The average price tag on a home reached a record high in May after jumping by £6,647 or 1.8% month-on-month, according to a property website.
Across Britain, the average asking price for a home coming to market is £372,894, Rightmove said.
The 1.8% month-on-month increase in the average asking price is the biggest of the year so far, it added.
However, the current “hyper-local” market is still price-sensitive and buyer affordability remains stretched, Rightmove said.
Tim Bannister, Rightmove’s director of property science, said: “This month’s strong jump in new seller asking prices looks like a belated reaction and a sign of increasing confidence from sellers, as we’d usually see such a big monthly increase earlier in the spring season.
“One reason for this increased confidence may be that the gloomy start-of-the-year predictions for the market are looking increasingly unlikely.
“What is much more likely is that the market will continue to transition to a more normal activity level this year following the exceptional activity of the pandemic years.
“Steadying mortgage rates and a generally more positive outlook for the economy are also contributing to more seller confidence, though there are likely to be more twists and turns to come.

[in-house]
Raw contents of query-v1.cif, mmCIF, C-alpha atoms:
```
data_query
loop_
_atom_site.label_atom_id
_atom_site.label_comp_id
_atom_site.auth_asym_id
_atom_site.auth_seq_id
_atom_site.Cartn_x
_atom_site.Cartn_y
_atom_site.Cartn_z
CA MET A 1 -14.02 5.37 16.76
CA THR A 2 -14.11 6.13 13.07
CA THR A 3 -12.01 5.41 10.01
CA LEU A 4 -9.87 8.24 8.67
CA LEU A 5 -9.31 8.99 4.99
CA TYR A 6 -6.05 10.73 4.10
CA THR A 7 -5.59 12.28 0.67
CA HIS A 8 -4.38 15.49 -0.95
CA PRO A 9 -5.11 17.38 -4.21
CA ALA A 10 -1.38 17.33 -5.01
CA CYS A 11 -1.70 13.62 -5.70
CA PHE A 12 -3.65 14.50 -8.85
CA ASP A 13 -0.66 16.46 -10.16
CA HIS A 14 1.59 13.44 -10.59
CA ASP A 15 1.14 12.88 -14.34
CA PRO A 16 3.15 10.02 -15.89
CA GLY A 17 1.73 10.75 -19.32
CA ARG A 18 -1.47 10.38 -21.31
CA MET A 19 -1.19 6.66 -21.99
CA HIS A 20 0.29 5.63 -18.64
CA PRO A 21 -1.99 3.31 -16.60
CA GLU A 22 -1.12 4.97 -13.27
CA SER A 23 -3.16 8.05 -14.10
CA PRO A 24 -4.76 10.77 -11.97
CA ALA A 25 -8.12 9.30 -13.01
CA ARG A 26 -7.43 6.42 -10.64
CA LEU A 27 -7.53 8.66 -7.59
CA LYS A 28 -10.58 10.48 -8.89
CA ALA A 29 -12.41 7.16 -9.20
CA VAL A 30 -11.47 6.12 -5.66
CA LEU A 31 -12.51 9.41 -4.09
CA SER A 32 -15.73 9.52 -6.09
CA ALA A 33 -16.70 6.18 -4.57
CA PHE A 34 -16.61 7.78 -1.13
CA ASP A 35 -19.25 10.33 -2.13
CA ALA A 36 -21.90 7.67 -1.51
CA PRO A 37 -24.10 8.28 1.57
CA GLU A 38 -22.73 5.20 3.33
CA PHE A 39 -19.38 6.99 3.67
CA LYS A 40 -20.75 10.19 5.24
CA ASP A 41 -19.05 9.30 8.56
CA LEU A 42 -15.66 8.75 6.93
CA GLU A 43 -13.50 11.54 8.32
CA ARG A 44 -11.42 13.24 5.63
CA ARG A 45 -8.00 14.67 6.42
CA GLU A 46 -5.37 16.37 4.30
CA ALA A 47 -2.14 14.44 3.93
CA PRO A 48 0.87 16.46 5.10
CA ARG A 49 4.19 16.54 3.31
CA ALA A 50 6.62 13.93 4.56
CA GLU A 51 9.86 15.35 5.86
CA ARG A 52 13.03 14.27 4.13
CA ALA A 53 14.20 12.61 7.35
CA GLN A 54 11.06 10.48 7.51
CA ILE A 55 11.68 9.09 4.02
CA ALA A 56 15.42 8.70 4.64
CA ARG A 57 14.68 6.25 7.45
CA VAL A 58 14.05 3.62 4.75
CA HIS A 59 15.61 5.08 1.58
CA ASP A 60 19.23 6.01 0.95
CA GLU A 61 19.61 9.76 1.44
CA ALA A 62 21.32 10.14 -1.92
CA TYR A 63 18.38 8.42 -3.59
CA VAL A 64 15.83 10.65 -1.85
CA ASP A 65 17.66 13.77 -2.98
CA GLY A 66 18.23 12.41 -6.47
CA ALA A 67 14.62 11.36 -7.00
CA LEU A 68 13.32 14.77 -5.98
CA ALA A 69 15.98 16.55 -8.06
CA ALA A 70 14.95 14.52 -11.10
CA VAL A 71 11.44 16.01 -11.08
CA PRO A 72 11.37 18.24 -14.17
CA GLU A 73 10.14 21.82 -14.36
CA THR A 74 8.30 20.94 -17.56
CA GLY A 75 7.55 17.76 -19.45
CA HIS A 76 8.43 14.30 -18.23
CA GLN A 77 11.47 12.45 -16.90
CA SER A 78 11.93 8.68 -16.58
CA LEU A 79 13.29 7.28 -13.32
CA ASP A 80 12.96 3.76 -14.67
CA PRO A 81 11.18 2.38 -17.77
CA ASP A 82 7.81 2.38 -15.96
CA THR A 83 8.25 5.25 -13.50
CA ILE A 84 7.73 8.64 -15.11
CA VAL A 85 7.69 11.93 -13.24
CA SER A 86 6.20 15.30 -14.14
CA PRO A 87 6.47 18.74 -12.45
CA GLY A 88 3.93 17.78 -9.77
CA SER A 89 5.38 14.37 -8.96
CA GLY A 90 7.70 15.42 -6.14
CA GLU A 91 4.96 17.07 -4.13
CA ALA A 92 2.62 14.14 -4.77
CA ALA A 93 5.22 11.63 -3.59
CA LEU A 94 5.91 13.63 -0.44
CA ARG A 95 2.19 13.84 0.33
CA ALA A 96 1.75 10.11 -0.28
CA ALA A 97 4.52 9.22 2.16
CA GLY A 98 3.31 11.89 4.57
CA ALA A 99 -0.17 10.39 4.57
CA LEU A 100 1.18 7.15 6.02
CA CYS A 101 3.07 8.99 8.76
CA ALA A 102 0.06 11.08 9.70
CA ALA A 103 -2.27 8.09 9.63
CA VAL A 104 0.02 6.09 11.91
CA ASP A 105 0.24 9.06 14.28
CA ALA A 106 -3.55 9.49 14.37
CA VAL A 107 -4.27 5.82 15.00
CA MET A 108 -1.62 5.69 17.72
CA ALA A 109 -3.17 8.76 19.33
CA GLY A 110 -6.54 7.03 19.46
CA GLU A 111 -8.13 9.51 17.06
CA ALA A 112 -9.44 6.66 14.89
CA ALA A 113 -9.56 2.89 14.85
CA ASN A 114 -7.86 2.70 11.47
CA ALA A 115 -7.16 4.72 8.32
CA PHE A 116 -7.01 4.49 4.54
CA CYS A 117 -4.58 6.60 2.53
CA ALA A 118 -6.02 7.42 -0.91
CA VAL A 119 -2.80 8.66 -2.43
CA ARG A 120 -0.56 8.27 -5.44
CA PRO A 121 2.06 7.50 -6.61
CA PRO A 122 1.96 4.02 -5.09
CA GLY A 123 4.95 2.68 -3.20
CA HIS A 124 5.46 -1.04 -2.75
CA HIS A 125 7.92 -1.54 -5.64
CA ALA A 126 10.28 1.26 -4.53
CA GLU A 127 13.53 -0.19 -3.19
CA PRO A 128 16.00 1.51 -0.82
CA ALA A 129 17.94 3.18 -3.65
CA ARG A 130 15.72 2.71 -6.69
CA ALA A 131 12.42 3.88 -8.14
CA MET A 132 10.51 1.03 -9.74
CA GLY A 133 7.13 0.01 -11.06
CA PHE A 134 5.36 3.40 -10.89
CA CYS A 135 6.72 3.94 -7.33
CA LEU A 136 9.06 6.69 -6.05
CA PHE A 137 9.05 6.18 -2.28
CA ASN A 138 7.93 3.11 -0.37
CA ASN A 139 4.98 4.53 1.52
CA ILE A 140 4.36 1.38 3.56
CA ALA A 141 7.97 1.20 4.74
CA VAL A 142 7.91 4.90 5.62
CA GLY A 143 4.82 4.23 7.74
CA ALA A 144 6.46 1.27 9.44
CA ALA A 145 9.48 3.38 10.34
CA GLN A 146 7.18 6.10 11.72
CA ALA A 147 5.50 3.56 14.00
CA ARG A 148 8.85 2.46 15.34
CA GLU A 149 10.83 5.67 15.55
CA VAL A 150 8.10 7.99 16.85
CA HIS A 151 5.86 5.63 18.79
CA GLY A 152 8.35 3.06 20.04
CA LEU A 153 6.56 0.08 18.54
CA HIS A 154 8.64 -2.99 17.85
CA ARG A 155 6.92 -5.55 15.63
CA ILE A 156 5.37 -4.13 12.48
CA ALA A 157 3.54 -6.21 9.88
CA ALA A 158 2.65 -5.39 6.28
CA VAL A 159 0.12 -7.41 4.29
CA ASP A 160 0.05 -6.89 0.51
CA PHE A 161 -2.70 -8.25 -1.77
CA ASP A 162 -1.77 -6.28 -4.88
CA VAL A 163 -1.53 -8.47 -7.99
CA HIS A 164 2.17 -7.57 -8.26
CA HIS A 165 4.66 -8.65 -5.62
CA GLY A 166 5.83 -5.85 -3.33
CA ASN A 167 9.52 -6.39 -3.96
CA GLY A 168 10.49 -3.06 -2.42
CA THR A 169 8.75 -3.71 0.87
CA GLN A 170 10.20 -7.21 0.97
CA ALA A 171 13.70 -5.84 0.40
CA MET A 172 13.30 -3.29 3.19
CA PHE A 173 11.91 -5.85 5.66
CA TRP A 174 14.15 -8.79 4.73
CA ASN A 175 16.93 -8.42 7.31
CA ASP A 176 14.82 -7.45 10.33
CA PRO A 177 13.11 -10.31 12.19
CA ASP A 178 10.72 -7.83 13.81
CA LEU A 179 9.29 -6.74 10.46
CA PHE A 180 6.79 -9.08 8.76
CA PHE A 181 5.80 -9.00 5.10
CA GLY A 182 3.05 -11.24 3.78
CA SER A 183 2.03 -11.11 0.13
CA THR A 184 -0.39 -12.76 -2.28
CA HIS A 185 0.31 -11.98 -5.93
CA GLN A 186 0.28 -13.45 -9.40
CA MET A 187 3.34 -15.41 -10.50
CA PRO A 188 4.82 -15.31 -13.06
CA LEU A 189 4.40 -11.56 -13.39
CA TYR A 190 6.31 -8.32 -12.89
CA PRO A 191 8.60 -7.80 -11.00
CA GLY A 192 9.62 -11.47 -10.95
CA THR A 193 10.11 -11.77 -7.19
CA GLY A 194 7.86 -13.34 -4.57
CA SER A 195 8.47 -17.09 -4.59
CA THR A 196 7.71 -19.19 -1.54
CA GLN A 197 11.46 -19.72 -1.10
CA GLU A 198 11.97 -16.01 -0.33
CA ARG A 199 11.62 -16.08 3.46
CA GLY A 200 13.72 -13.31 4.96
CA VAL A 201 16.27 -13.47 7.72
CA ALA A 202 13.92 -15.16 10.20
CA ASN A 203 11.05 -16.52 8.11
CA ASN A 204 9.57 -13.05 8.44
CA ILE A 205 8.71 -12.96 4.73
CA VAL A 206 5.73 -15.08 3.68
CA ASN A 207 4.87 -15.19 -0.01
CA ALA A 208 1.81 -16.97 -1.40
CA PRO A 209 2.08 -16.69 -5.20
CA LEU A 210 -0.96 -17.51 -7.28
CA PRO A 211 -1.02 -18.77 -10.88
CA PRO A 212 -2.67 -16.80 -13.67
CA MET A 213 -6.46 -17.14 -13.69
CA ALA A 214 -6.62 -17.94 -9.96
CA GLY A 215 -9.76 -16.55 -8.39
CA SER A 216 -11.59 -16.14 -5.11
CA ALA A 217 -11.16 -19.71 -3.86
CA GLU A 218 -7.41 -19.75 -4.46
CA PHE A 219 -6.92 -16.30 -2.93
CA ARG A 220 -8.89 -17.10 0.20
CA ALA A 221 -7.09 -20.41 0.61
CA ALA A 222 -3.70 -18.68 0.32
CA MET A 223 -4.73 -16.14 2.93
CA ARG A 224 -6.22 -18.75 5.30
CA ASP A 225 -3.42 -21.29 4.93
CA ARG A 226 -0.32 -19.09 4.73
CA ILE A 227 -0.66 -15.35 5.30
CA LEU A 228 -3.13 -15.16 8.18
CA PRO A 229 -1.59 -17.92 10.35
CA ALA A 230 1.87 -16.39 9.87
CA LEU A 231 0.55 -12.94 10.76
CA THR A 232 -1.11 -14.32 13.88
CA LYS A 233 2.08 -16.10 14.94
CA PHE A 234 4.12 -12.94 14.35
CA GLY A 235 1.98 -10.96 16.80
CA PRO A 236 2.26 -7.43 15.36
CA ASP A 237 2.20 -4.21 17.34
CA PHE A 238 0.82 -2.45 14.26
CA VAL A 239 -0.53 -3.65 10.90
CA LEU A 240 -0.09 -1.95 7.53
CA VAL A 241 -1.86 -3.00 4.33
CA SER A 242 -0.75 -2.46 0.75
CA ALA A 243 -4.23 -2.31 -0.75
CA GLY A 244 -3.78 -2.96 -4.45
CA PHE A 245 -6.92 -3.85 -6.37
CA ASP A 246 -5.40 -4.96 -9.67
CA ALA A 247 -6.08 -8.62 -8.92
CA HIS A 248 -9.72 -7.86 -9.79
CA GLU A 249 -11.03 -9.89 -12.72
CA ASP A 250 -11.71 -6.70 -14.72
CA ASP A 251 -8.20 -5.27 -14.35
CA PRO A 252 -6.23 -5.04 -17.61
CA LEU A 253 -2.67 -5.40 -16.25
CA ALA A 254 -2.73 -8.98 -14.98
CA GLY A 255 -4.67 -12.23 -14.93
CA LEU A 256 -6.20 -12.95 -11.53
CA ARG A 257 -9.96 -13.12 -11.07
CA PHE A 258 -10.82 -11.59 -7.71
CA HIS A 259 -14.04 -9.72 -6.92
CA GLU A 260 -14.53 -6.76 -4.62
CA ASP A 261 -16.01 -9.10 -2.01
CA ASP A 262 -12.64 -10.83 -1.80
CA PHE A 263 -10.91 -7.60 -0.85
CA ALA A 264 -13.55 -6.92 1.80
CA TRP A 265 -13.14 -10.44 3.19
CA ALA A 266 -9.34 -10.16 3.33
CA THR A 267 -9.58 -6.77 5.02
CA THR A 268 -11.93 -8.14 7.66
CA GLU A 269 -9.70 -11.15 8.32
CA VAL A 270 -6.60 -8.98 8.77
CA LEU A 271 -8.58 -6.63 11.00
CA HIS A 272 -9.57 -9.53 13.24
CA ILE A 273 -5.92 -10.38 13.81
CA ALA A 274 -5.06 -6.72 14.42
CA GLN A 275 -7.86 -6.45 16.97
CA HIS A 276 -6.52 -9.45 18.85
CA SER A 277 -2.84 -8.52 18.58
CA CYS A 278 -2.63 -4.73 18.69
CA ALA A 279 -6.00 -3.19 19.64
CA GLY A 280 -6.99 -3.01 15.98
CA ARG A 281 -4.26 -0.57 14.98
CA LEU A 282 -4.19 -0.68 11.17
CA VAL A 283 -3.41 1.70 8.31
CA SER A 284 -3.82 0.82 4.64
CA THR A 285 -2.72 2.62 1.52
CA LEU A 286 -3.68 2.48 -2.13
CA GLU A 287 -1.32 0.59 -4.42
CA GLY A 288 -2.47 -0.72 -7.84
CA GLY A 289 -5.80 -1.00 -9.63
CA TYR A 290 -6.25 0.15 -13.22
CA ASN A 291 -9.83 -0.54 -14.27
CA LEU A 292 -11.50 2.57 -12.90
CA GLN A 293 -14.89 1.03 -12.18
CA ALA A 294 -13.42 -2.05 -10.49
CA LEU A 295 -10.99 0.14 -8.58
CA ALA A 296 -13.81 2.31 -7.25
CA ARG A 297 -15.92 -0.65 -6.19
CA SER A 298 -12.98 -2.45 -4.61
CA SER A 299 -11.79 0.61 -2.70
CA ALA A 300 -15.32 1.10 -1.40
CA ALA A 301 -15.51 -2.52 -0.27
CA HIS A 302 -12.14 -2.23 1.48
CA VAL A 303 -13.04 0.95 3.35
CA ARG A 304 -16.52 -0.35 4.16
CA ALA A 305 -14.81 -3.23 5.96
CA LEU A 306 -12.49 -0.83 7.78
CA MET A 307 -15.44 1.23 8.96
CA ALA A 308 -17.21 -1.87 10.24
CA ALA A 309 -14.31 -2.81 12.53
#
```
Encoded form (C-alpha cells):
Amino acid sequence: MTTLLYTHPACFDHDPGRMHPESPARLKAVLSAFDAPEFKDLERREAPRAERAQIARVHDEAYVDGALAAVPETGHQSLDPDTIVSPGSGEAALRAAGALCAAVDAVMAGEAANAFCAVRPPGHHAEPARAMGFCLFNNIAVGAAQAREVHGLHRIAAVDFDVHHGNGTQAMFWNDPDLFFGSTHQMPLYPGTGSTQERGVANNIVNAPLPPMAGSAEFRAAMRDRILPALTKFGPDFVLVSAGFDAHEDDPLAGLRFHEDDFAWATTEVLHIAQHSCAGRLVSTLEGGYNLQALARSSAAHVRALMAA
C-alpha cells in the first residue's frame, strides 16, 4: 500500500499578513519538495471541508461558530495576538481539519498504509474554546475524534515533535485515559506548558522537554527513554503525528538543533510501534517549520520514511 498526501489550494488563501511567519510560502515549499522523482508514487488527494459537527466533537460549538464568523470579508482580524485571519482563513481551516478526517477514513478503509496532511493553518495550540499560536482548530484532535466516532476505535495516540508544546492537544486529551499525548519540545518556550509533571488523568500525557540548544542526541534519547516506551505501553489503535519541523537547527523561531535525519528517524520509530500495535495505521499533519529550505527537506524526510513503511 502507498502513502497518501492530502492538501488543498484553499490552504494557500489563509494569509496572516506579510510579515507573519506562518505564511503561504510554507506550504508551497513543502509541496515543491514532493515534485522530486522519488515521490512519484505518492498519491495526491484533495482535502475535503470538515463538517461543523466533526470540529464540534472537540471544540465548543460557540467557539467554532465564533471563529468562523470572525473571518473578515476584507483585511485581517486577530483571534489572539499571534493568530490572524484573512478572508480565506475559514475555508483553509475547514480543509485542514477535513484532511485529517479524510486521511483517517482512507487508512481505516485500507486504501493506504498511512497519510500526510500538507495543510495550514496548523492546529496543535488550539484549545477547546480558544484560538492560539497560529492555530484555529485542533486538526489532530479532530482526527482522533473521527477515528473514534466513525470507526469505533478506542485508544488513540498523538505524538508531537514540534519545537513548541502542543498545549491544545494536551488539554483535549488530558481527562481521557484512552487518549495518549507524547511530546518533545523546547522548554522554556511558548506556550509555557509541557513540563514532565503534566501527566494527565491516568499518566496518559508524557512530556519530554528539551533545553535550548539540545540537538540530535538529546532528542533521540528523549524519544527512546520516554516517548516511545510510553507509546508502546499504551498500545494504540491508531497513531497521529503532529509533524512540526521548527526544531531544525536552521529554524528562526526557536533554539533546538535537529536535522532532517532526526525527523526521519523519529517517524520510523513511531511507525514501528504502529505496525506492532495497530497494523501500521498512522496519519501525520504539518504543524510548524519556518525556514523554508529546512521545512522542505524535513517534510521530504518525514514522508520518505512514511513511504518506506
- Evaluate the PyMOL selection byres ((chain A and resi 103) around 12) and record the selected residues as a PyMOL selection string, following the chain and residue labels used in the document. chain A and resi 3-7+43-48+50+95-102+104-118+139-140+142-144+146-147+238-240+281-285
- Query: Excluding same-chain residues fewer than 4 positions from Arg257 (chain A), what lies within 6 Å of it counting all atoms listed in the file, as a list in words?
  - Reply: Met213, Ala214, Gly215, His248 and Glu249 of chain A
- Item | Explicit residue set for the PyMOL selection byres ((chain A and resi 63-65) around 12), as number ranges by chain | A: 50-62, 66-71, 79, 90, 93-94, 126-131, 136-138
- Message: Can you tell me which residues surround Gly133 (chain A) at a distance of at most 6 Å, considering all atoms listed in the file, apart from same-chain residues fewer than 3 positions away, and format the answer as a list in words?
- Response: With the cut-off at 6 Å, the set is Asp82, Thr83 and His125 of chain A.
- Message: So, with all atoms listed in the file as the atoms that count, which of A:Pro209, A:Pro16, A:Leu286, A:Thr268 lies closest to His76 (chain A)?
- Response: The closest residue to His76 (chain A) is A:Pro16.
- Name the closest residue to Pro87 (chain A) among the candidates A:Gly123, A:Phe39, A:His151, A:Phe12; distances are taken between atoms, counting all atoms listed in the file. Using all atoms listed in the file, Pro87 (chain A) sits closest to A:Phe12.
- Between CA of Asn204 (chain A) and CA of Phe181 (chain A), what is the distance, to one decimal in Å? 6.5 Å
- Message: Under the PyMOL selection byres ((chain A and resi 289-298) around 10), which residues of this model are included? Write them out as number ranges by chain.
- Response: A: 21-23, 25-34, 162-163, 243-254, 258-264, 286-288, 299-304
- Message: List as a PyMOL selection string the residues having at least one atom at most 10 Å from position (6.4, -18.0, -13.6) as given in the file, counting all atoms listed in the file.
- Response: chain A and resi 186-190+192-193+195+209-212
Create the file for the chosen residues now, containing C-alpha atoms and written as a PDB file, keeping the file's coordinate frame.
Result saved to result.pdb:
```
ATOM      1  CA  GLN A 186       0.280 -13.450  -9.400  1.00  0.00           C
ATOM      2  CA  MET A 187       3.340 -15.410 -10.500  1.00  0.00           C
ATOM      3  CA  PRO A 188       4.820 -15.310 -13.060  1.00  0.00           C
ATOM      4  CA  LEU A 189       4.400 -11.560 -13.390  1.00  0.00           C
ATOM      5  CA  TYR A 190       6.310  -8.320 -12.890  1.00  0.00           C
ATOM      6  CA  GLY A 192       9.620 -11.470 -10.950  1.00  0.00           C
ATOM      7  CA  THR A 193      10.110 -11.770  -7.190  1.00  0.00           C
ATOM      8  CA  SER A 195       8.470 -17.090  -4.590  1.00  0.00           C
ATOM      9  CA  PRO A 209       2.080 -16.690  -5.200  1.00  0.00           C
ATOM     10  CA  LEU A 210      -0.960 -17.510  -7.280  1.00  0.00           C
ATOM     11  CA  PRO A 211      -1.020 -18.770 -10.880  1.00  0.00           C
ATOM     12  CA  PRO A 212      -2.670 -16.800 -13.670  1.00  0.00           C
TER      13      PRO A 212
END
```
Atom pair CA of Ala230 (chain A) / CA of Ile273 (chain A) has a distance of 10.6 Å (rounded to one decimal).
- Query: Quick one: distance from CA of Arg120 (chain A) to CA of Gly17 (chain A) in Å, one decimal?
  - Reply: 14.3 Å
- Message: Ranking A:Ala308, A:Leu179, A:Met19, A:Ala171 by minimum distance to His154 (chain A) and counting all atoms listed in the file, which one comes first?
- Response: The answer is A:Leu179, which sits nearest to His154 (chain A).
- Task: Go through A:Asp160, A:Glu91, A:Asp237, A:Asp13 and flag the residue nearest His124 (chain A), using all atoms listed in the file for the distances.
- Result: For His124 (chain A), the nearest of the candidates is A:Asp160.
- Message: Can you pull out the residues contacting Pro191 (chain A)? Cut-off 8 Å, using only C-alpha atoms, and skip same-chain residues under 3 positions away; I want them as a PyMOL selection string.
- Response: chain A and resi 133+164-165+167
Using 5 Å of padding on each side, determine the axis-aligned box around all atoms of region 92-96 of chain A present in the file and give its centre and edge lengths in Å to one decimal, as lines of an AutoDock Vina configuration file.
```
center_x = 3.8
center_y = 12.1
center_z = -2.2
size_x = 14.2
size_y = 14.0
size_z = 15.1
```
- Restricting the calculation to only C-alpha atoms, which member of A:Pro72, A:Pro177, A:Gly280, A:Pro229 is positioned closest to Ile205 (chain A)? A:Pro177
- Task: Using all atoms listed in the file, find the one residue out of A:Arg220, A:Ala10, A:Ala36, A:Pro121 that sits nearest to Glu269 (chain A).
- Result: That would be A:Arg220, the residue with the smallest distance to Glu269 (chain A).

“The market is still very price sensitive and it is important that new sellers do not damage their prospects of a sale by overpricing initially and reducing later, with agents reporting that it’s the realistically priced new instructions that are selling best.”
The average discount from the final asking price to the agreed sale price has steadied at an average of 3.1%, in line with pre-pandemic market levels, Rightmove said.
The number of buyers making inquiries to estate agents about homes for sale is now 3% higher than at this time in 2019, led by buyers taking their first or second step on the property ladder, it added.
However, there are signs of some over-optimism in the “top of the ladder” property sector, Rightmove said.
While larger properties are still selling faster typically than in 2019, it is now taking an average of 67 days to agree a sale, nearly double the 35-day average at this time last year, the website added.
Mr Bannister added: “This month’s record price is a strong indication of sellers’ confidence, and we can see from activity levels and the still relatively limited choice of property for sale that this confidence is justified in some segments of the market.
“More discretionary sellers at the top end may be prepared to price high and wait for the right buyer, and whilst it is positive that they appear to feel no financial pressure to sell, the data suggests that some sellers in this sector will need to price more competitively if they want to find a buyer in the current market.”
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